The biggest challenge however, snakes notwithstanding, came at the assault on the peak of The Bluff (1,724 m). My map indicated it as ‘very steep’. In my parlance I would say it ceased at this point to be ‘a walk’ and became ‘a climb’, only with no ropes, or friendly belayers to see me safely up.

I took my time but, with only about 10 more meters to ascend, reached a point of seemingly no way forward. Up looked just too hard. So I weighed my options: Go back down. Cry. Puke. All seemed a rather futile waste of time and energy, not to mention defeatist, so I took the only other option. That was take my pack off (to prevent the bastard pulling me backwards off the rock face) and proceed to throw / push / pull / drag the bloody thing up until I reached a point where I felt confident I wasn’t going to plummet to the rocks below.

I had the beacon within handy reach during this stage, but I’m not sure how effectively I would have activated it with my head smashed open like a rotten watermelon.


Nearing the summit.
Nearing the summit.



One of the offending bushes that slapped me in the face all day.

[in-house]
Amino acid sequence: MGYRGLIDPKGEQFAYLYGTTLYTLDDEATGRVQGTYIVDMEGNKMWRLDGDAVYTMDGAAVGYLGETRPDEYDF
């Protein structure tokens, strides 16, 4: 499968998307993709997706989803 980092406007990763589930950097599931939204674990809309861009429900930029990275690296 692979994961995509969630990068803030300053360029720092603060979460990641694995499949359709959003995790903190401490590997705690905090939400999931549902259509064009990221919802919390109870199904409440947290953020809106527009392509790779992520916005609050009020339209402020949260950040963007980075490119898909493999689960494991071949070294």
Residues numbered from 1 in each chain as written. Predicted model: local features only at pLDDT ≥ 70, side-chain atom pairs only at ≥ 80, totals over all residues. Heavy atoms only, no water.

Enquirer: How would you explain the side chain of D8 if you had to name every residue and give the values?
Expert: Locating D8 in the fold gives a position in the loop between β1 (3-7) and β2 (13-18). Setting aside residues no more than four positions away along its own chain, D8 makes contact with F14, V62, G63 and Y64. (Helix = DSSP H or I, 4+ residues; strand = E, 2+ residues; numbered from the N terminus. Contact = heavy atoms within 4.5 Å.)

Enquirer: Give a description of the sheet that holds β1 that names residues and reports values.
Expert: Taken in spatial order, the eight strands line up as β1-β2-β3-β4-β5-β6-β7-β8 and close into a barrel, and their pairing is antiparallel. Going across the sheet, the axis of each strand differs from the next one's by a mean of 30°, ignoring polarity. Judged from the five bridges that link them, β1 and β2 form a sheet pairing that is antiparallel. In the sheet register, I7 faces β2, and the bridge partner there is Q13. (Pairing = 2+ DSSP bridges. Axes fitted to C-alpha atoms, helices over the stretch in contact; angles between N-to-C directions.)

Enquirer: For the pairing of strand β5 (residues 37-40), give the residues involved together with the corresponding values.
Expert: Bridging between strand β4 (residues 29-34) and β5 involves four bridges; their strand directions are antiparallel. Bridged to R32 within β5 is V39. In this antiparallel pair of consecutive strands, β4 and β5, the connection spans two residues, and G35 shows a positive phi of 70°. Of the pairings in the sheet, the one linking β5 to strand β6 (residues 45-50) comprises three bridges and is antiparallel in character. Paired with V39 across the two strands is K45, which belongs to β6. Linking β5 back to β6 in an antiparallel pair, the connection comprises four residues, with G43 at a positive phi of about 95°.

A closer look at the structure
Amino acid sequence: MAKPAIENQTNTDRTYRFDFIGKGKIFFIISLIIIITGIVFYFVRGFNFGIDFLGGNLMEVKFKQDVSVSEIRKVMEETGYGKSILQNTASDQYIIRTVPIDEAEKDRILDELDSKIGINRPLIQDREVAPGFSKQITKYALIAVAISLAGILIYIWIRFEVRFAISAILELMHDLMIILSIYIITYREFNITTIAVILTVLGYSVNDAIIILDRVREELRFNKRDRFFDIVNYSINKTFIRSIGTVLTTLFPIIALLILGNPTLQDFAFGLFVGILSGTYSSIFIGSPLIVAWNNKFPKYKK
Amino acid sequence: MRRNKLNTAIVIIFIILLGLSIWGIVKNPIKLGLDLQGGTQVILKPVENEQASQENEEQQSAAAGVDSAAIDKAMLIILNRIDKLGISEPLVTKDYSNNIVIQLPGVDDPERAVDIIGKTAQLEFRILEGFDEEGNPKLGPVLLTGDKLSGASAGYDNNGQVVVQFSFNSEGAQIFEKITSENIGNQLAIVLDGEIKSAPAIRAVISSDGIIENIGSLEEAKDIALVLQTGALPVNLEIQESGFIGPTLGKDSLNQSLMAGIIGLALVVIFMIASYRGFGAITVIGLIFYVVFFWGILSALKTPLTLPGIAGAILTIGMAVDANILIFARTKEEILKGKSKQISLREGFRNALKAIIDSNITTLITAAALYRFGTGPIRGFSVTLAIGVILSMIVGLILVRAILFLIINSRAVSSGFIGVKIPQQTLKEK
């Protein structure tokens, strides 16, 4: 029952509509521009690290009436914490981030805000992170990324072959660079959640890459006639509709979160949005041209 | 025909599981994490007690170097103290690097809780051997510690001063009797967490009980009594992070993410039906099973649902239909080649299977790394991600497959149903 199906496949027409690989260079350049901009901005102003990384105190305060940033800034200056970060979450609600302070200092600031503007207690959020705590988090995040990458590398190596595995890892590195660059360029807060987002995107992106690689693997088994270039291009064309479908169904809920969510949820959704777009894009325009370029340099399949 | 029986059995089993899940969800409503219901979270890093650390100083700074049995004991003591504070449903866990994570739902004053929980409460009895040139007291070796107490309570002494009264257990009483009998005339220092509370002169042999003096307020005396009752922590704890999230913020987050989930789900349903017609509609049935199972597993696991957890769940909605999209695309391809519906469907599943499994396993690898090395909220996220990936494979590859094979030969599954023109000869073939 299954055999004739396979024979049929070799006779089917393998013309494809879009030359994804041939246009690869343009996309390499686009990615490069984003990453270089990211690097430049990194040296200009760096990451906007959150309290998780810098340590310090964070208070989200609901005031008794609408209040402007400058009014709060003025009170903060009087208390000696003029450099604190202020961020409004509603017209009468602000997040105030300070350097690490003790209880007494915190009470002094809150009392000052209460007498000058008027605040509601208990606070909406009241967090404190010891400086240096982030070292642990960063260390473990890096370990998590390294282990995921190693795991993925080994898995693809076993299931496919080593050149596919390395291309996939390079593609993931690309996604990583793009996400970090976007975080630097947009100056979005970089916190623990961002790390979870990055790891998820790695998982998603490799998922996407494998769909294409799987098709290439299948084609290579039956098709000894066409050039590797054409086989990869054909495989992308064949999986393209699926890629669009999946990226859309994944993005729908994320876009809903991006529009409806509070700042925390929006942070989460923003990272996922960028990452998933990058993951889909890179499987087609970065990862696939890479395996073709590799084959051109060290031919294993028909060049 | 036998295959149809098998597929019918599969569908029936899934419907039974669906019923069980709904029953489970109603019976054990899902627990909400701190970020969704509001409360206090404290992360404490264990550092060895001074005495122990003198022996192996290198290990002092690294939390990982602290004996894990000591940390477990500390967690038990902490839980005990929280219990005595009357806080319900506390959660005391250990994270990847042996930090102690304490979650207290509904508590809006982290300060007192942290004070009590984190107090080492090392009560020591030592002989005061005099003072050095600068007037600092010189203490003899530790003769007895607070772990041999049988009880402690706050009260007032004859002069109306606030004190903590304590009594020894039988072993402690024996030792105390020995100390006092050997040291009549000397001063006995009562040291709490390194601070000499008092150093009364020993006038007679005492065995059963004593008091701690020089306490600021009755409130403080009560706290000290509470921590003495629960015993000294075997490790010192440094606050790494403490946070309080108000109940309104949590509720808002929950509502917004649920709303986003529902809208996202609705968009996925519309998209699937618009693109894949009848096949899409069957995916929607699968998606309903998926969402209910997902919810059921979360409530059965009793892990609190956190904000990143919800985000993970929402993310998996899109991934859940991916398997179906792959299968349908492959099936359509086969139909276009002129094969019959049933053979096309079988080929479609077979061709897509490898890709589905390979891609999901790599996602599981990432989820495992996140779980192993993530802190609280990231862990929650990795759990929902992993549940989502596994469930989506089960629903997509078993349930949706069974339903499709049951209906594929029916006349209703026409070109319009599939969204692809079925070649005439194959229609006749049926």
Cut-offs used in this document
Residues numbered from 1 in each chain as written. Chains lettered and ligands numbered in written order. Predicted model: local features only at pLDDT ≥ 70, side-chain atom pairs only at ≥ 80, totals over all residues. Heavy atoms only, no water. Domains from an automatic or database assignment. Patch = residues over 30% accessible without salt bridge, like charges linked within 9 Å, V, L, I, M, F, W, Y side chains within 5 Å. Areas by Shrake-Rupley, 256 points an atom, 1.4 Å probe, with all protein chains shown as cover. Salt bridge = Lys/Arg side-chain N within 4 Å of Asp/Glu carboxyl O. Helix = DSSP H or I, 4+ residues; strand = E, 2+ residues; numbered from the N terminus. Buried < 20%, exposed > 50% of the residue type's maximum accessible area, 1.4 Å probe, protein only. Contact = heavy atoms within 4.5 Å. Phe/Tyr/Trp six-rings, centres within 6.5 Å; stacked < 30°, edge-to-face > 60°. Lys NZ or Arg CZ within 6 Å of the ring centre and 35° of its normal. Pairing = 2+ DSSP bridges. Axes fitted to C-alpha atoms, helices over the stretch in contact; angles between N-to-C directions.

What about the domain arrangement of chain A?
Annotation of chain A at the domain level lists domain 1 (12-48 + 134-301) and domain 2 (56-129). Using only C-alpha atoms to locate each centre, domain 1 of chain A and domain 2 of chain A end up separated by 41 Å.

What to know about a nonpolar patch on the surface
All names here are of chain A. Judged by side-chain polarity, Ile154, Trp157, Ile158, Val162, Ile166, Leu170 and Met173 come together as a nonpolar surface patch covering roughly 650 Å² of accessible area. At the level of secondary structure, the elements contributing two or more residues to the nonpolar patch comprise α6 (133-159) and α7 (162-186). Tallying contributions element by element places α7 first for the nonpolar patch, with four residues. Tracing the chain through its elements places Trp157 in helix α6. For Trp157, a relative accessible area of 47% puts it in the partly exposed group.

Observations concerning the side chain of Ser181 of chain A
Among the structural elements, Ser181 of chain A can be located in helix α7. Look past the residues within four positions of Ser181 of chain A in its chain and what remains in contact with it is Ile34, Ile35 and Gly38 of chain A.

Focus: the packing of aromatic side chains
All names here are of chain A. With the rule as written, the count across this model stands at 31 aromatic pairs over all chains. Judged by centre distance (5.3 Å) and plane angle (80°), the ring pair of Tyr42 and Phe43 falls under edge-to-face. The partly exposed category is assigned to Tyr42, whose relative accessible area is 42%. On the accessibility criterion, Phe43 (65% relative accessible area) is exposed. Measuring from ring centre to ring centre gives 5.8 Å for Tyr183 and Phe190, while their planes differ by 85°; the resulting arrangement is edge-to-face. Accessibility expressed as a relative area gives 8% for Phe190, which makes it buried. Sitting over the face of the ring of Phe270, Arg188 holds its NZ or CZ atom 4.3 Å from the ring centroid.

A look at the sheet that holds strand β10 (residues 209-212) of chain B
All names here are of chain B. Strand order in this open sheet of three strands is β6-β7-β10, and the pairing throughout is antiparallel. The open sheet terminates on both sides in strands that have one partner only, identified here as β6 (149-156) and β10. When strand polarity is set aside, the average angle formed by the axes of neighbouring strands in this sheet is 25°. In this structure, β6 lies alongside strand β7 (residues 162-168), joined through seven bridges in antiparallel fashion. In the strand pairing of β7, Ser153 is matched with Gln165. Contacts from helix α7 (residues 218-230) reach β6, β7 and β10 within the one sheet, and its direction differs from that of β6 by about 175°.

One of the offending bushes that slapped me in the face all day.



Oh, did I mention that it had been raining all day? No worries, my waterproofs held up, and the air was quite still. Until I reached the summit that is, when I realised that climbing the north side of the mountain had kept me sheltered from the fierce southerly, which now slapped me ferociously. Forget expensive dermabrasion treatments; gale-forced ice / snow crystals will do the job nicely. They sand-blasted my face to a supermodel smoothness.

My good intentions of camping up there dissipated as the near white-out conditions and aforementioned wind made the idea of finding the camping area, much less putting up a tent rather unattractive. I pushed on for another 3 km across the plateau, which was probably my favourite part of the walk. Although robbed of the supposed 360 degree views, the wild exhilaration – not to mention achievement of it – was one of those “this is why I’m alive” sort of moments.


What do you call a deer with no eyes? No idea. 
What do you call a deer with no eyes and no body? Still no idea.
What do you call a deer with no eyes? No idea.
What do you call a deer with no eyes and no body? Still no idea.



Bluff Hut, showing remnants of 20067 bushfires (which destroyed the original hut; this one rebuilt in 2008)
Bluff Hut, showing remnants of 20067 bushfires
(which destroyed the original hut; this one rebuilt in 2008).